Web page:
Re: [KC-Midtown-FreeThinkers] Dear Religion

From: John
Sent on: Friday, August 10, 2012 6:01 PM
Fed,
If poop gets thrown at you, would you not duck?

-----Original Message-----

From: Zach Price
Sent: 10 Aug[masked]:01:19 GMT
To: [address removed]
Subject: Re: [KC-Midtown-FreeThinkers] Dear Religion

 It seems to me that simple instruction is not enough.  Science has not solved these problems? To the best of my knowledge, either has religion.  I don't find it difficult to imagine the difference in progress that we could have realized if we half as many scientists as there re Christians and for half as long.  For now, I am going only briefly allude to the many areas where religious tenants are directly hindering the progress of science in very real, very obvious ways.  Why, in a general sense, we don't do what we should do all boils down to human nature, which science is learning more about every day.  In my very humble opinion, there is no realistic argument that can be made for religion being a primary vehicle to everyone getting along.  Religions justify the good, as well as the bad and even the good tends to come with allot of unnecessary baggage (Irrational guilt and fear, for example) and I think one can make a reasonable argument for the bad outweighing the good.  The intangible has had the upper hand for some time now and we really need to continue moving in the opposite direction.  I also wouldn't look at it as a lack of motivation on our part.  If a bear is trained to ride a tricycle in the circus and attacks someone, would we say he has no motivation for bike riding anymore?  We need to be honest with ourselves about human nature and how closely we still are to the apes that lived day to day in a constant struggle for survival.  We think that higher consciousness should mean that we are more civilized than the animals, and on just about every level we are, but there is a limit to how much our true nature can be overcome by our very recent acquisition of reason and logic.  To steal a bit from Hitch, If the tomb were found tomorrow, containing the body of Christ still in it....would you then loose all motivation to be good and help others?  I personally doubt that.  I think people have grown up with the association between being good and the bible and that becomes all they know.  Maybe people genuinely do fear loosing motivation if they were to lose faith.  There is certainly a large community of non-believers out there that are plenty capable of being good for it's own sake and I could only hope that fact may someday provide you with enough evidence to believe you are capable of the same thing.  I believe in you and my fellow humans far more than that.  The irony is this: if anything should be obvious, it is that this experiment with Christianity of thousands of year has not and cannot be reasonably expected to be the way to get to where I think we all want to be.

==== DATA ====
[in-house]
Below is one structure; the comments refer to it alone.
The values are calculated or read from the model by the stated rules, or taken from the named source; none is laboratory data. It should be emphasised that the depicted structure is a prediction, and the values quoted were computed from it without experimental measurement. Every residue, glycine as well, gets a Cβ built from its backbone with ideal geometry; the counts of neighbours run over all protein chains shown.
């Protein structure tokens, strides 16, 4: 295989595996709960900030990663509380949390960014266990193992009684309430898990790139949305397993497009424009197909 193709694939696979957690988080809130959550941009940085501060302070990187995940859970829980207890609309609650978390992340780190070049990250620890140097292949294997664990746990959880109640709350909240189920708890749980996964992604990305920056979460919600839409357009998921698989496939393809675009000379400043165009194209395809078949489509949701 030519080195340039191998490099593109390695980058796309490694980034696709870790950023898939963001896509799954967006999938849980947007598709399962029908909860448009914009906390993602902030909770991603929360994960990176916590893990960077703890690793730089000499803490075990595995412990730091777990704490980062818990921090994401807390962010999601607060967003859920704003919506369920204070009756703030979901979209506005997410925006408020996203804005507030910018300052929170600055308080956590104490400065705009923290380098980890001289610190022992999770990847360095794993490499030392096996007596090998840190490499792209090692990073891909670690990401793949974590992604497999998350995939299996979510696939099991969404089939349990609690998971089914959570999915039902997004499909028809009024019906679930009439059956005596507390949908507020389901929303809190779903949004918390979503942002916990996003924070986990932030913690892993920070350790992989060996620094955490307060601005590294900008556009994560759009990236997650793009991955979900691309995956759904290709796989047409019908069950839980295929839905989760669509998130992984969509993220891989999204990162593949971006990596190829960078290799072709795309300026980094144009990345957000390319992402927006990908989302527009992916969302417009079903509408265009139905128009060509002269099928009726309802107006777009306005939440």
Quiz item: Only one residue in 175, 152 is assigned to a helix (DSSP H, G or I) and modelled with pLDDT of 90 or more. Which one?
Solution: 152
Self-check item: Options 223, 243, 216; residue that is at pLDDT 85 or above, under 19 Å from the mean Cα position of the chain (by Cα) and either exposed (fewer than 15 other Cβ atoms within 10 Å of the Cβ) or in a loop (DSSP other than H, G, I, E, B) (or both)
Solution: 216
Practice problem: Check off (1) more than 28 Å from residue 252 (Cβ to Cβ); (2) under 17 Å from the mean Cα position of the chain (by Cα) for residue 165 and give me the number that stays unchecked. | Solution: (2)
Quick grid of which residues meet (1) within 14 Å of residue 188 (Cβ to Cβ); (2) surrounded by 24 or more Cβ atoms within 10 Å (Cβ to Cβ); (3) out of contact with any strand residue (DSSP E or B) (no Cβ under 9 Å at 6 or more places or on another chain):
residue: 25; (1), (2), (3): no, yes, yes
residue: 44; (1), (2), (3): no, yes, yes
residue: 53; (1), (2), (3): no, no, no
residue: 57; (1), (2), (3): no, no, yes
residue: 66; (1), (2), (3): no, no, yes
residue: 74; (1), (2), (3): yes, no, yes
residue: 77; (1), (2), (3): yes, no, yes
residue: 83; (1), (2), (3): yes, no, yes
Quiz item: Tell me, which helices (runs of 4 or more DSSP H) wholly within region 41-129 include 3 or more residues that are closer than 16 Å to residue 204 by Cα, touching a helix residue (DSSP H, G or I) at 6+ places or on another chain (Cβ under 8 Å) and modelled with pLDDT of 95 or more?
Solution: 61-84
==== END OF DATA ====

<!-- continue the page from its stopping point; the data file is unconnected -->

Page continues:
On Fri, Aug 10, 2012 at 12:36 AM, Fred <[address removed]> wrote:
Thanks for a reasoned response, Adam.  Not rude at all.  I gotta get to bed, but I'll look at that video soon and respond.  In the meantime, I'll agree that many religious people, especially wrongly educated Christians, are trained to use their religion to justify harm or ignorance.  I'm among their victims.

I'll also say there's a bunch of us Christians who don't debate what kind of chicken sandwich to eat.  But most importantly to begin to answer your question:  I've dedicated much of my life to understanding and communicating that body of knowledge we call science.  Science and technology give us the means to do some of the things that can solve the greatest needs of our time:  cure diseases, find better ways of food distribution, bring clean water, educate, maybe even eliminate poverty.  All these things are now within our grasp, and accumulated knowledge about the physical world has brought us to this place where we could now eliminate hunger and 95 percent of the third world's problems with disease, poverty, crime, etc.  So why haven't we done it?  Why aren't we doing it?